So get into the mindset that it isn’t yours, and you’ll find it a much easier process to part with the cash when it’s time to do so. My recommendation here is an active treasury function. Set up a separate bank account and move cash into it each day/week to cover the GST you’ve collected, and PAYG Instalments. That way when BAS time comes around you’ve got the cash to pay the piper
All the best managed businesses also use this strategy for PAYG Withholding and Superannuation. Getting this wrong is one of the common mistakes that draw heat from the ATO.
So each payrun transfer the PAYG Withholding you’ve withheld from your employee’s wages, and the superannuation you owe them into a separate bank account. Then come BAS and super time you’re all square.
If you then need additional working capital look for some business finance, that’s not the bank of Australia and/or your employees.
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Registering for GST is done electronically these days, it’s a simple process for your BAS agent or tax agent. They can log onto the ATO Portal and add it in seconds. But if you want to do it yourself here’s some options on how;
Use the business registration service
Sign up to the business portal
Call the ATO on 13 28 66
When you’ve registered for GST, you will then need to complete a Business Activity Statement (BAS) to report the sales you’ve made, the GST on those sales, and the GST you’ve paid on your expenses. If you have employees, you’ll also report the wages you’ve paid and the tax withheld on them. You then pay the net of all these to the tax office using this formula;
GST on Sales + PAYG Withholding + PAYG Instalment – GST Paid = Payable/(Refund) Amount
This will depend on how you register for GST and your actual turnover. For most businesses the BAS are due at the end of each quarter and paid a few weeks later.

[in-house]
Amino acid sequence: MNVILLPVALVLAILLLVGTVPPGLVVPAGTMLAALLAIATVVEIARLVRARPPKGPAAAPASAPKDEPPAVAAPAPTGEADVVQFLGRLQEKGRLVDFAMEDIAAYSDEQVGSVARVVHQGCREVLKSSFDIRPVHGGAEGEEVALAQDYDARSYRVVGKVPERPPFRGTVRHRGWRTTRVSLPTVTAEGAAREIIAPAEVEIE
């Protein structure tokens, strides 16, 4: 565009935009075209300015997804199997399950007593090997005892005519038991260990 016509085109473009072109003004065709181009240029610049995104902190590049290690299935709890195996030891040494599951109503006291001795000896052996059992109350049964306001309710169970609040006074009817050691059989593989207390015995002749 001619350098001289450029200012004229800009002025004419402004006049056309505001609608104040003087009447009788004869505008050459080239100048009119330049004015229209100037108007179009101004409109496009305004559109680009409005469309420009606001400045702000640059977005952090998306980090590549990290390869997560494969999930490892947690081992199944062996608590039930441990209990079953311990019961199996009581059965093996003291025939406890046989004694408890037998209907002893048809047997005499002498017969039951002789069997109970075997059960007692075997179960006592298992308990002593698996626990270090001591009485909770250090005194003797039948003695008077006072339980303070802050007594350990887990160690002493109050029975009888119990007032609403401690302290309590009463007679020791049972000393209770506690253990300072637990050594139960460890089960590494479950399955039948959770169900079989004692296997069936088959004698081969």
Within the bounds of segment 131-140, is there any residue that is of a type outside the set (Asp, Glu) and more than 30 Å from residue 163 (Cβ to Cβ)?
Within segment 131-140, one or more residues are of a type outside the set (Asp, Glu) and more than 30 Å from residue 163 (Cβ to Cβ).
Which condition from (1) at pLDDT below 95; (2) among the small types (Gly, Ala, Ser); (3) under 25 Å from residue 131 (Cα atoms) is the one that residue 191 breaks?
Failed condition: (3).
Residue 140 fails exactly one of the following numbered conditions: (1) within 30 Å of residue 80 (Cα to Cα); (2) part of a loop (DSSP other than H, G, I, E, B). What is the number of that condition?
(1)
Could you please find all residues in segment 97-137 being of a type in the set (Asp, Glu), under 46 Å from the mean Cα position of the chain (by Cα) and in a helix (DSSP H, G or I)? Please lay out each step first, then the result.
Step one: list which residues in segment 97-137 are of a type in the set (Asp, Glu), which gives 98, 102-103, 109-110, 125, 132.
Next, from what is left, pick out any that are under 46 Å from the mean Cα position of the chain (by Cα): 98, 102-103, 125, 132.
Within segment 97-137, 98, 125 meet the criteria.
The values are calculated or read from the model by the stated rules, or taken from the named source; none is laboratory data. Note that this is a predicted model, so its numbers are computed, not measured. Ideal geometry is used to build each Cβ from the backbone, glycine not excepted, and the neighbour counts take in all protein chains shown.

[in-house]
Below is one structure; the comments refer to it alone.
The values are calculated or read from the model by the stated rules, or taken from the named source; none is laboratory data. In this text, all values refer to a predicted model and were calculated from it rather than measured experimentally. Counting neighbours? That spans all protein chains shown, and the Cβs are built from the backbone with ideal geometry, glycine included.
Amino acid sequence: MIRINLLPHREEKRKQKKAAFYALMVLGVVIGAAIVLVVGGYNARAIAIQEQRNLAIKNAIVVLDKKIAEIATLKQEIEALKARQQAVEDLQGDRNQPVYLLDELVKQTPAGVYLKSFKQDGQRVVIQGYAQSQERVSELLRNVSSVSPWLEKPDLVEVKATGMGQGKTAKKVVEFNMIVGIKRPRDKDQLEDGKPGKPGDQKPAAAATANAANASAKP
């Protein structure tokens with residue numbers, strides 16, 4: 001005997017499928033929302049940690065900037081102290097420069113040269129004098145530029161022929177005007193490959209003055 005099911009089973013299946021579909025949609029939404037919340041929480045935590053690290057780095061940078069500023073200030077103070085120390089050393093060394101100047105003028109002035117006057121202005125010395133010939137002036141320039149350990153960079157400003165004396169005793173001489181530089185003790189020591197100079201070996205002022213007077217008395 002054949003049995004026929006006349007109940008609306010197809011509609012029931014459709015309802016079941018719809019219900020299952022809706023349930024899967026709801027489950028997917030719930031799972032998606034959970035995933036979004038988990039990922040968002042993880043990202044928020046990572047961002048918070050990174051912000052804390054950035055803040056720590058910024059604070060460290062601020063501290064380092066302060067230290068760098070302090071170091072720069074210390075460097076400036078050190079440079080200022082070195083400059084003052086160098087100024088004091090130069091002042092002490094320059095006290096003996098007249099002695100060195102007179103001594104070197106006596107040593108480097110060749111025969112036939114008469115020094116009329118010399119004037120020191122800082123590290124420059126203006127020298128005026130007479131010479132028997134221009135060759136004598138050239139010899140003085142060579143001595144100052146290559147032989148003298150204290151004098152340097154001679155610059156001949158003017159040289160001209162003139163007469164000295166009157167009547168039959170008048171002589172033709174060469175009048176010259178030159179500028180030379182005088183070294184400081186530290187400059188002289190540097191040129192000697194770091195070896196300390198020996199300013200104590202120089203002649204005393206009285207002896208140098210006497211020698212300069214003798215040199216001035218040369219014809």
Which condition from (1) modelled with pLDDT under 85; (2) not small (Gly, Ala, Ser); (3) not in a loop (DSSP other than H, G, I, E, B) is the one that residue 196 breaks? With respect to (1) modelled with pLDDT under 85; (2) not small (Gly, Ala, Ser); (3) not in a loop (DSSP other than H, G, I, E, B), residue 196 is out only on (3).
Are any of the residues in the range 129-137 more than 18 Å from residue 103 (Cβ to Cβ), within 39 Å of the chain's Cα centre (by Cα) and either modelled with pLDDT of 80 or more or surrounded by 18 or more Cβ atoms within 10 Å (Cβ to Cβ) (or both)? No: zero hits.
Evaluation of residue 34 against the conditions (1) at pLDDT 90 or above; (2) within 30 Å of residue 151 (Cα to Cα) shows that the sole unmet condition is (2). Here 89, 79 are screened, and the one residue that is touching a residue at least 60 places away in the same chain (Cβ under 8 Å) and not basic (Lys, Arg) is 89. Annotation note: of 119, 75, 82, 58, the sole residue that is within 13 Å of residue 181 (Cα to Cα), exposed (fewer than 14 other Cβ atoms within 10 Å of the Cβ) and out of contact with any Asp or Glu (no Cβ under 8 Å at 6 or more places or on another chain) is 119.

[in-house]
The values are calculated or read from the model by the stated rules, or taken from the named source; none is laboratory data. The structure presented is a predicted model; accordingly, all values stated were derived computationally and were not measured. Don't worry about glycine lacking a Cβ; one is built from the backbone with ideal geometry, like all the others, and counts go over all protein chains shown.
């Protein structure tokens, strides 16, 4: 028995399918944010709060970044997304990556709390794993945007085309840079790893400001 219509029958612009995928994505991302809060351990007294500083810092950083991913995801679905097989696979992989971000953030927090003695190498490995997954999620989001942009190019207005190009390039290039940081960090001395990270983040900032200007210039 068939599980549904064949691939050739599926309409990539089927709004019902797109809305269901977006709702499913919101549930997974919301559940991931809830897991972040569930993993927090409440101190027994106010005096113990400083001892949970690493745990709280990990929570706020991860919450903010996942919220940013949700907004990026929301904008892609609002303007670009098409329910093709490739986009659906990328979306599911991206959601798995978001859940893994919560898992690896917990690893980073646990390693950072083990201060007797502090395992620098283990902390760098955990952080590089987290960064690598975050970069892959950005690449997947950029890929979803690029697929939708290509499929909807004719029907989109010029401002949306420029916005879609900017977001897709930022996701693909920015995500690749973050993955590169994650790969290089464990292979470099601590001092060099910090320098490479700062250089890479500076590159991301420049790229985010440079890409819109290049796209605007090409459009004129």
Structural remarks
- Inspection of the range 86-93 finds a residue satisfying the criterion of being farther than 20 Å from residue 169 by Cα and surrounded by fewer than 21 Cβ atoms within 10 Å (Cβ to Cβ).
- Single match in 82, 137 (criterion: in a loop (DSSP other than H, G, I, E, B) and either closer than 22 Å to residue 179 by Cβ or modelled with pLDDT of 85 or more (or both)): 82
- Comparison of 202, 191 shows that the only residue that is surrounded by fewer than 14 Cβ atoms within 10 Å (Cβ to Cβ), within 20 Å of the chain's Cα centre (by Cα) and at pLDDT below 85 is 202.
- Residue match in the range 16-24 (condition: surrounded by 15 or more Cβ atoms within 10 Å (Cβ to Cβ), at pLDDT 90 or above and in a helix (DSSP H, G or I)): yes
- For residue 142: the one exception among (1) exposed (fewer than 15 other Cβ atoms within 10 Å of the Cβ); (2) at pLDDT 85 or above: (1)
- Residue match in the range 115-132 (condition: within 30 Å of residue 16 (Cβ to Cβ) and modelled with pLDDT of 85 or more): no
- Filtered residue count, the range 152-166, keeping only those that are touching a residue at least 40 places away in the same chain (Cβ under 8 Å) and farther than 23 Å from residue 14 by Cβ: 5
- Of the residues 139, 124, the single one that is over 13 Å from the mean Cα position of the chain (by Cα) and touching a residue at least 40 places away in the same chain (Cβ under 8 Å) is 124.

Note: Paper lodgements and payment dates are due earlier than electronic lodgements.
Some businesses choose (and large businesses are required) to do them monthly and some very small ones with fixed GST amounts choose annually (this is fraught with danger in my opinion for two reasons;
1. Most people can’t manage the cash flow and the temptation to use the cash means they don’t have the GST at the end of the year when its due
2. If you’re expecting a refund of GST at any point (like buying new equipment) you’d have to wait until the end of the tax year to get that GST back. Sucky.
GST registration process itself is easy, but the implications mean you are taking your business to a whole new level of responsibility and compliance obligations.
Make sure you’re on top of how this is going to affect your pricing, cash flow and administration workload. Are you going to do the BAS yourself or use an accountant? How will you save for the GST etc. These decisions will make a big impact on the success of your business.
The businesses who manage this well and keep up to date and squeeky clean are the ones with the best chance of success. The business failure statistics are littered with the bones of businesses who got buried by GST, PAYG Withholding and Superannuation they didn’t budget for or administer properly.